Ex-F1 boss Bernie Ecclestone to pay more than $1 billion over tax fraud

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London: Ex-Formula One boss Bernie Ecclestone has been spared an immediate prison sentence after he pleaded guilty to misleading Britain’s tax authority about overseas assets worth more than £400 million ($772 million).

But he agreed to pay £652.6 million in back tax, interest and penalties for 18 tax years between 1994 and 2022, prosecutor Richard Wright said, and could go to prison if he reoffends in the next two years.

Former Formula One boss Bernie Ecclestone arrives at a London court.Credit: AP

The 92-year-old appeared at London’s Southwark Crown Court and pleaded guilty to one count of fraud by false representation, just over a month before he was due to stand trial.

Ecclestone admitted giving a misleading answer to HM Revenue and Customs (HMRC) at a July 2015 meeting, when he said he had established only a single trust in favour of his daughters and was not a beneficiary or settlor of any other trust.

He was, in fact, the settlor and beneficiary of various trusts, including one which held a company that sent £416 million to a bank account in Singapore in 2010, HMRC said.

Judge Simon Bryan gave Ecclestone a 17-month prison sentence suspended for two years, meaning he will only go to jail if he commits another criminal offence during that time.

Former F1 boss Bernie Eccleston, now 92, with his wife Fabiana Flosi, 46, a Brazilian lawyer.Credit: AFP/File

Ecclestone’s lawyer Clare Montgomery told the court Ecclestone “did not know the true position” about whether he was the beneficiary or settlor of any other trust, saying his answer to HMRC was an “impulsive lapse of judgment”.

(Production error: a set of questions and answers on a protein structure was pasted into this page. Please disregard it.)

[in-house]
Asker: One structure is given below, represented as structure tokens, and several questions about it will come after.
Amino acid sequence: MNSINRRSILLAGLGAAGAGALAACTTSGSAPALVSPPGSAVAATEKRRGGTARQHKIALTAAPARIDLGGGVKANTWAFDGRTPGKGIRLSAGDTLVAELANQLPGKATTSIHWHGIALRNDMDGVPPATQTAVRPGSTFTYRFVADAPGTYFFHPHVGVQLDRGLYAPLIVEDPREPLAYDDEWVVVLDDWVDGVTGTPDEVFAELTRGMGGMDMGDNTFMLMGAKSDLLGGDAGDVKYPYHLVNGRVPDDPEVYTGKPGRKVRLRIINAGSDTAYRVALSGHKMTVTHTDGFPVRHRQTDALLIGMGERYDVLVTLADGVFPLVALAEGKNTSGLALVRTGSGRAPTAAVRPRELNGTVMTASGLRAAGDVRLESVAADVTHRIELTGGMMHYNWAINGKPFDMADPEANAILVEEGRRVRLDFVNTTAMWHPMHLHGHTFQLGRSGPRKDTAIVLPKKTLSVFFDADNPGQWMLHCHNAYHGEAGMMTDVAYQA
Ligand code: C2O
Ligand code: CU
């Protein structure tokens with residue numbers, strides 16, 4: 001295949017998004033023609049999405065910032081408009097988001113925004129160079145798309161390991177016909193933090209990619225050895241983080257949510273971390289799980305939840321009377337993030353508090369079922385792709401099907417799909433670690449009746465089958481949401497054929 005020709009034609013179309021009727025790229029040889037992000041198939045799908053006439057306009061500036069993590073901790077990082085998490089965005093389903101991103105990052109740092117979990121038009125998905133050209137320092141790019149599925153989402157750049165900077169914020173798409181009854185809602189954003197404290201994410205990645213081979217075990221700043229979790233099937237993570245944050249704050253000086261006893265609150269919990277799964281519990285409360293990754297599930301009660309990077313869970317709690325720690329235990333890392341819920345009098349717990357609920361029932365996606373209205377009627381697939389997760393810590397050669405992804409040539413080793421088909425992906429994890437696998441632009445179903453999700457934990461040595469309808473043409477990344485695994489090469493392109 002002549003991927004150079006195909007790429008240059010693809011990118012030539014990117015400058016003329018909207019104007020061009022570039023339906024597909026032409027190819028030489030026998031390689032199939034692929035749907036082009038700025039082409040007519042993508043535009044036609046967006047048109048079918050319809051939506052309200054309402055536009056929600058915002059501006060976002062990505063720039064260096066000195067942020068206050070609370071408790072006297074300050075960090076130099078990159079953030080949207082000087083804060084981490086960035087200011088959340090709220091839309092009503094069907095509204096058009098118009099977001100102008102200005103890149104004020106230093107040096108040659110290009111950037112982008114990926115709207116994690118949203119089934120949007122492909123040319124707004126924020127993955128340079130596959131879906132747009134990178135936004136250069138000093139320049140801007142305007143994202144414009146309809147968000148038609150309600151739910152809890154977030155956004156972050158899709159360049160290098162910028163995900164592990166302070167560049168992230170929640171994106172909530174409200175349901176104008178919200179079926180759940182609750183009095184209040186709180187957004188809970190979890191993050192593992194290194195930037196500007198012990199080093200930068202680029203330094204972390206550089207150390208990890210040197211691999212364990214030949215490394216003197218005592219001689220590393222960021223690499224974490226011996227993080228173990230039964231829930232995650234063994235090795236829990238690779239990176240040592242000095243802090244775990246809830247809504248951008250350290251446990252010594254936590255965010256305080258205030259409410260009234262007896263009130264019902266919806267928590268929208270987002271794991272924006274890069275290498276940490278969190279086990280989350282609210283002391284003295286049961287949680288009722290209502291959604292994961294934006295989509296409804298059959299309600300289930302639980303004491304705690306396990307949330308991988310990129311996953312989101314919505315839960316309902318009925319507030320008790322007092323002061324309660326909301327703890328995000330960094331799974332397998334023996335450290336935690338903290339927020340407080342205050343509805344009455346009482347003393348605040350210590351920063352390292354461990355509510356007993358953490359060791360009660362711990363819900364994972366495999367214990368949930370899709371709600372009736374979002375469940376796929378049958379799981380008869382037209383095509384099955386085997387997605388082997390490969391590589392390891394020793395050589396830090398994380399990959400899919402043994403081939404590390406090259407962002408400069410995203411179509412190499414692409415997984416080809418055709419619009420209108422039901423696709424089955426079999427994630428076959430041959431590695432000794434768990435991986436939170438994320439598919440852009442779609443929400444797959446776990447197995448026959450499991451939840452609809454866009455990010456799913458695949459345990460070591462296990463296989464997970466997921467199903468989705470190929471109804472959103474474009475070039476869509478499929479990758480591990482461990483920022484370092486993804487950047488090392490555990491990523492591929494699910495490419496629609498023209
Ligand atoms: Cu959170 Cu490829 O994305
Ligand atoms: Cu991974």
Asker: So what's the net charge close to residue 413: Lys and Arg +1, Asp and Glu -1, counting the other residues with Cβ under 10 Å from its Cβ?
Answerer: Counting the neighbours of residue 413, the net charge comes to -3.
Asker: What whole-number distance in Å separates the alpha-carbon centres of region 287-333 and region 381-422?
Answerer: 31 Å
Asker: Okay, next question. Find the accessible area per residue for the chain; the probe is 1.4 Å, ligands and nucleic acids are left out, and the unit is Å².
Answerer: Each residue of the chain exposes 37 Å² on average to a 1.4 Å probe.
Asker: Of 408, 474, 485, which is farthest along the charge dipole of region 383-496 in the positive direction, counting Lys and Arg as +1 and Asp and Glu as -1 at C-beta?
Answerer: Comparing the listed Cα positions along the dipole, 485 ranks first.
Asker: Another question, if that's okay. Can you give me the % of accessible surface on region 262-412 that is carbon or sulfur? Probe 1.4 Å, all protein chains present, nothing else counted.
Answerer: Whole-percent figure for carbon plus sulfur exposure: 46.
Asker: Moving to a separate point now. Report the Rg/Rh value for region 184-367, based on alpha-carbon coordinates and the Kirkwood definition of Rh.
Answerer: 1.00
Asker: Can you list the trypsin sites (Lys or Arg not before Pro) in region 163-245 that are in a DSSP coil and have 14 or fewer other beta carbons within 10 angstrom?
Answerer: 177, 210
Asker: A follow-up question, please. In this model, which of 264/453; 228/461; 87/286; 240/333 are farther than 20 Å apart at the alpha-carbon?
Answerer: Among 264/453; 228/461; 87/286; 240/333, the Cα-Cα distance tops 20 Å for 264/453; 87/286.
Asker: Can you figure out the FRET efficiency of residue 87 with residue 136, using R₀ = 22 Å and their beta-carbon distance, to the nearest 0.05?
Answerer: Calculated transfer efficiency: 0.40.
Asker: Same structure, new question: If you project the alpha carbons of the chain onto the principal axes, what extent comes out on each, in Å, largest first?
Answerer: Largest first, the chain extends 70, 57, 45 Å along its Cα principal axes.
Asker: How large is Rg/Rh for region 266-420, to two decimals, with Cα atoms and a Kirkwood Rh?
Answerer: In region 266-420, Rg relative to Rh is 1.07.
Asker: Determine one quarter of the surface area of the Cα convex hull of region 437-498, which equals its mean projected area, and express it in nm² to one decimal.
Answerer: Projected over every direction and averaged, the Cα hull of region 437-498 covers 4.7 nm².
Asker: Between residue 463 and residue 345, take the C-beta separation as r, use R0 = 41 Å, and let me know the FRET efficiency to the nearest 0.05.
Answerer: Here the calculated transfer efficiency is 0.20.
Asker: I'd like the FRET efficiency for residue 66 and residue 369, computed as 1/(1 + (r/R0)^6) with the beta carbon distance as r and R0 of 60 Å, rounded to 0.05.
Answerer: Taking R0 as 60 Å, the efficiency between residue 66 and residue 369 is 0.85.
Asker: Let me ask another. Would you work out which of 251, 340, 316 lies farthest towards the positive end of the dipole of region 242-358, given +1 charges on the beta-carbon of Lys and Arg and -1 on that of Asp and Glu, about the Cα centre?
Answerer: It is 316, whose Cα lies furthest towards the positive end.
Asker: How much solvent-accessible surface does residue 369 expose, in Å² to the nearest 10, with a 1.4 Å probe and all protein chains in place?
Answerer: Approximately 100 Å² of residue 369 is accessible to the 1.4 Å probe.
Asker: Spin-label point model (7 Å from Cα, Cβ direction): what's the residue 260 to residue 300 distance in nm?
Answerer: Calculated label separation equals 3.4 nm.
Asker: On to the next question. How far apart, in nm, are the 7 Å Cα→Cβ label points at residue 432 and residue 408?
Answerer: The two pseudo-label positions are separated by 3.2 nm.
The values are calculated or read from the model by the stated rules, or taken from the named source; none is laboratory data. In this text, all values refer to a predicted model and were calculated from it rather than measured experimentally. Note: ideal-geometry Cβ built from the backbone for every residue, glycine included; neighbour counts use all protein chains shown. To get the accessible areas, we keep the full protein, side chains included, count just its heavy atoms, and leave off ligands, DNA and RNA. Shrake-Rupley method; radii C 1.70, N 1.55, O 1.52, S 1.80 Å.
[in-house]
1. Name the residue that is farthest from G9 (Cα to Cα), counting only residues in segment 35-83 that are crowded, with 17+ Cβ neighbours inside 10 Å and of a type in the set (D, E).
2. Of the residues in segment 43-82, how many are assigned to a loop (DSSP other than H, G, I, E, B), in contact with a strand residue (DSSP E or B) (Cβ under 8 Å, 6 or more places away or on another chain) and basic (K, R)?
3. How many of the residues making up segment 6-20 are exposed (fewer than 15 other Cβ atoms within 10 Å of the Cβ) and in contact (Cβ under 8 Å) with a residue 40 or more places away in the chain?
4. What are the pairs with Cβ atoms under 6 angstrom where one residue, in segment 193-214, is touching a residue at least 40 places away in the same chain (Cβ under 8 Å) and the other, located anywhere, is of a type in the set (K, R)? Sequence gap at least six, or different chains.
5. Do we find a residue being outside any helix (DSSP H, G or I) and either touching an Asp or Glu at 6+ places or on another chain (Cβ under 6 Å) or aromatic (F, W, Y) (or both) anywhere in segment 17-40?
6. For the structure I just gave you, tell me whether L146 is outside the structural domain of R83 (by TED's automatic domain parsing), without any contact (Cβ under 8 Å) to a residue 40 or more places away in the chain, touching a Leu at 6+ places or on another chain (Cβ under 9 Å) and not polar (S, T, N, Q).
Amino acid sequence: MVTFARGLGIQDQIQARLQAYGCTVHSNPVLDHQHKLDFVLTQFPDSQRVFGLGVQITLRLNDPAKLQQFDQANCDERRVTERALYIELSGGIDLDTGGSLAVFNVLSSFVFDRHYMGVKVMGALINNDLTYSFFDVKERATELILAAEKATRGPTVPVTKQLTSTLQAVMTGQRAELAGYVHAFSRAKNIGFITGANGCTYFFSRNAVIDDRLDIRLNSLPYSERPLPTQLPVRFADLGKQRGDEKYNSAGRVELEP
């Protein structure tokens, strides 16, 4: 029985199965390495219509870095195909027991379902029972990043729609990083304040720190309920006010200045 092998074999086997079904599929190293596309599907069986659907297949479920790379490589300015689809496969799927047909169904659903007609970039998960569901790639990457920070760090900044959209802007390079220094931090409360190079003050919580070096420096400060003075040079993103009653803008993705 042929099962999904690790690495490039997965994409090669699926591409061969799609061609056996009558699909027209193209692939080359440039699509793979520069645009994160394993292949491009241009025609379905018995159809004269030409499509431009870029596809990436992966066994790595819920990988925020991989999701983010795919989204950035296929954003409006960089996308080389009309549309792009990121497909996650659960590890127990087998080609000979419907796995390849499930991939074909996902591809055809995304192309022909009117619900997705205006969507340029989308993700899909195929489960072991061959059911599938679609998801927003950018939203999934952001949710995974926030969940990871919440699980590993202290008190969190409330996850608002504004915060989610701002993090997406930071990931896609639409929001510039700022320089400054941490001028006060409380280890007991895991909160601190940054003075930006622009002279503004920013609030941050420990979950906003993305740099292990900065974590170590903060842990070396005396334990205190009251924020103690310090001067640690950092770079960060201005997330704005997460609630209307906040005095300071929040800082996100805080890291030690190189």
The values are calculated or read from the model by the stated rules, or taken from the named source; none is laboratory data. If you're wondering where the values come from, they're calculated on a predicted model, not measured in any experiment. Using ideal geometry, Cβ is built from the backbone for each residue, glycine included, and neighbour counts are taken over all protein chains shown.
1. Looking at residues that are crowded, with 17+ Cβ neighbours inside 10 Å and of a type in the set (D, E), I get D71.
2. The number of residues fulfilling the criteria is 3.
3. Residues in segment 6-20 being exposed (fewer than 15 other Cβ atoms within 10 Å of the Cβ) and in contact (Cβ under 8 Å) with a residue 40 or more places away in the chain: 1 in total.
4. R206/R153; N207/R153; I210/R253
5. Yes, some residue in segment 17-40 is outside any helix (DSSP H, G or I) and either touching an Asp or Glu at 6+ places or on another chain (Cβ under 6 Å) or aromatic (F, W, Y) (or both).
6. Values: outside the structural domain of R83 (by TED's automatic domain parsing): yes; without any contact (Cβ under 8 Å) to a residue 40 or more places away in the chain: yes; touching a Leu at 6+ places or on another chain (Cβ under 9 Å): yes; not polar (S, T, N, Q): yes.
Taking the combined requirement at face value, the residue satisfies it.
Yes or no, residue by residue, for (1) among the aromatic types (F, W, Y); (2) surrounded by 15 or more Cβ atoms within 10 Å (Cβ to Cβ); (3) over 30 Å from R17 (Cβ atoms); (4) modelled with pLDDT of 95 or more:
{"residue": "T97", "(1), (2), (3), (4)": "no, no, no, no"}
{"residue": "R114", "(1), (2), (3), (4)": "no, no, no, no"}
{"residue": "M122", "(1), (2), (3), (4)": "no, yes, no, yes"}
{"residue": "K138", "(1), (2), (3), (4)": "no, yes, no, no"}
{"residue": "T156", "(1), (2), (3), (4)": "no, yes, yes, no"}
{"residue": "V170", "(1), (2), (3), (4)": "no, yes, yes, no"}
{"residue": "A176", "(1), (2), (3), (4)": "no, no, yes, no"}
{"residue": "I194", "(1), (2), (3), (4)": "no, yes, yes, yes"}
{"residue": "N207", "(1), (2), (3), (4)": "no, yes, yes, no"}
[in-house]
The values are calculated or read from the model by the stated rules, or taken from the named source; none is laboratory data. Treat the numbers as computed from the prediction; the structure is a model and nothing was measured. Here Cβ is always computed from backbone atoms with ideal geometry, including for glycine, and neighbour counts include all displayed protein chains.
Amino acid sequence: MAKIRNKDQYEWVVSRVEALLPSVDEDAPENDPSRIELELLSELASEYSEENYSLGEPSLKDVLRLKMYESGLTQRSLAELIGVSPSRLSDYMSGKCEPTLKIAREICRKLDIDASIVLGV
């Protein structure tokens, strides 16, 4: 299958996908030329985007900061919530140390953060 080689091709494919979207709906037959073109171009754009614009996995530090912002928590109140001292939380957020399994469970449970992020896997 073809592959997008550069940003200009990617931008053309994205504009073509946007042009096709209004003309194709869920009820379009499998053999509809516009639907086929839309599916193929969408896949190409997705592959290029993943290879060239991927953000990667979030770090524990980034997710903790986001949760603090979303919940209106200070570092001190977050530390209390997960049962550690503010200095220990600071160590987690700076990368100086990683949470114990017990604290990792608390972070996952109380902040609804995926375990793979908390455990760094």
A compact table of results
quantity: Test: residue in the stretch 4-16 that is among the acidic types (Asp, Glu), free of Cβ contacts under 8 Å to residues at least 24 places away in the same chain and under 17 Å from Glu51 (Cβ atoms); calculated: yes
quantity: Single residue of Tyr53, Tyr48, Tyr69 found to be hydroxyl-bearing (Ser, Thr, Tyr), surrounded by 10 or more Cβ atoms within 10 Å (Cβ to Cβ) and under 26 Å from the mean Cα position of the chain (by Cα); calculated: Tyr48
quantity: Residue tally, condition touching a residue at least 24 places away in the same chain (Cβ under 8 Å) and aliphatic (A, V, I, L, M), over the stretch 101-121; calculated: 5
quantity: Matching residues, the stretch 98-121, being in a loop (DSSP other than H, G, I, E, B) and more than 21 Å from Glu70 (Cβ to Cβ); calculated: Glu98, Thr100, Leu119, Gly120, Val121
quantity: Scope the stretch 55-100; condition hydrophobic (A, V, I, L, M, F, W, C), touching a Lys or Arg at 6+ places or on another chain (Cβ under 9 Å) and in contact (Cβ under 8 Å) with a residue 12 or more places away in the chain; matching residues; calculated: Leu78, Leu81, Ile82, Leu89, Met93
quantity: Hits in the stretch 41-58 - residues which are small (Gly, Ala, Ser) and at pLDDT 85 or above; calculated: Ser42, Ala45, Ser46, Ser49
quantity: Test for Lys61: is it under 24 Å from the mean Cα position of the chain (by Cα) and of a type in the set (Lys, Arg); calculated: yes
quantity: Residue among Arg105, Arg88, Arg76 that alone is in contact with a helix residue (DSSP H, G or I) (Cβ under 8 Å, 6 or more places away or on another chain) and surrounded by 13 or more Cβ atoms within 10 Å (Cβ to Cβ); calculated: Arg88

Ecclestone gave an unintelligible response to reporters as he left the court and got into a waiting Range Rover.

Andrew Penhale, chief crown prosecutor at the Crown Prosecution Service, said in a statement: “All members of UK society, regardless of how wealthy or famous they are, must pay their taxes and be transparent and open with HMRC about their financial affairs.”

Richard Las, chief investigation officer and director of the Fraud Investigation Service at HMRC, said Ecclestone had “lied to HMRC”.

“This conviction demonstrates no-one is above the law and HMRC will work tirelessly to ensure the tax system is fair to all and pays for our vital public services,” he added.

Ecclestone had attempted to stop the prosecution earlier this year, with his lawyers arguing that putting him on trial posed a serious risk to his life.

A cardiologist gave evidence that the stress of the trial meant that Ecclestone was “more likely to die than not during the trial”, according to a June ruling.

However, Bryan said there was “no real and immediate threat to the life of Mr Ecclestone by reason of the trial process”.

The decision also states that Ecclestone paid around £250 million in income and capital gains tax to HMRC between 1999 and 2017.

His lawyer Montgomery had noted at a previous hearing in January that Ecclestone was charged shortly after he made “unpopular” comments about Russian President Vladimir Putin.


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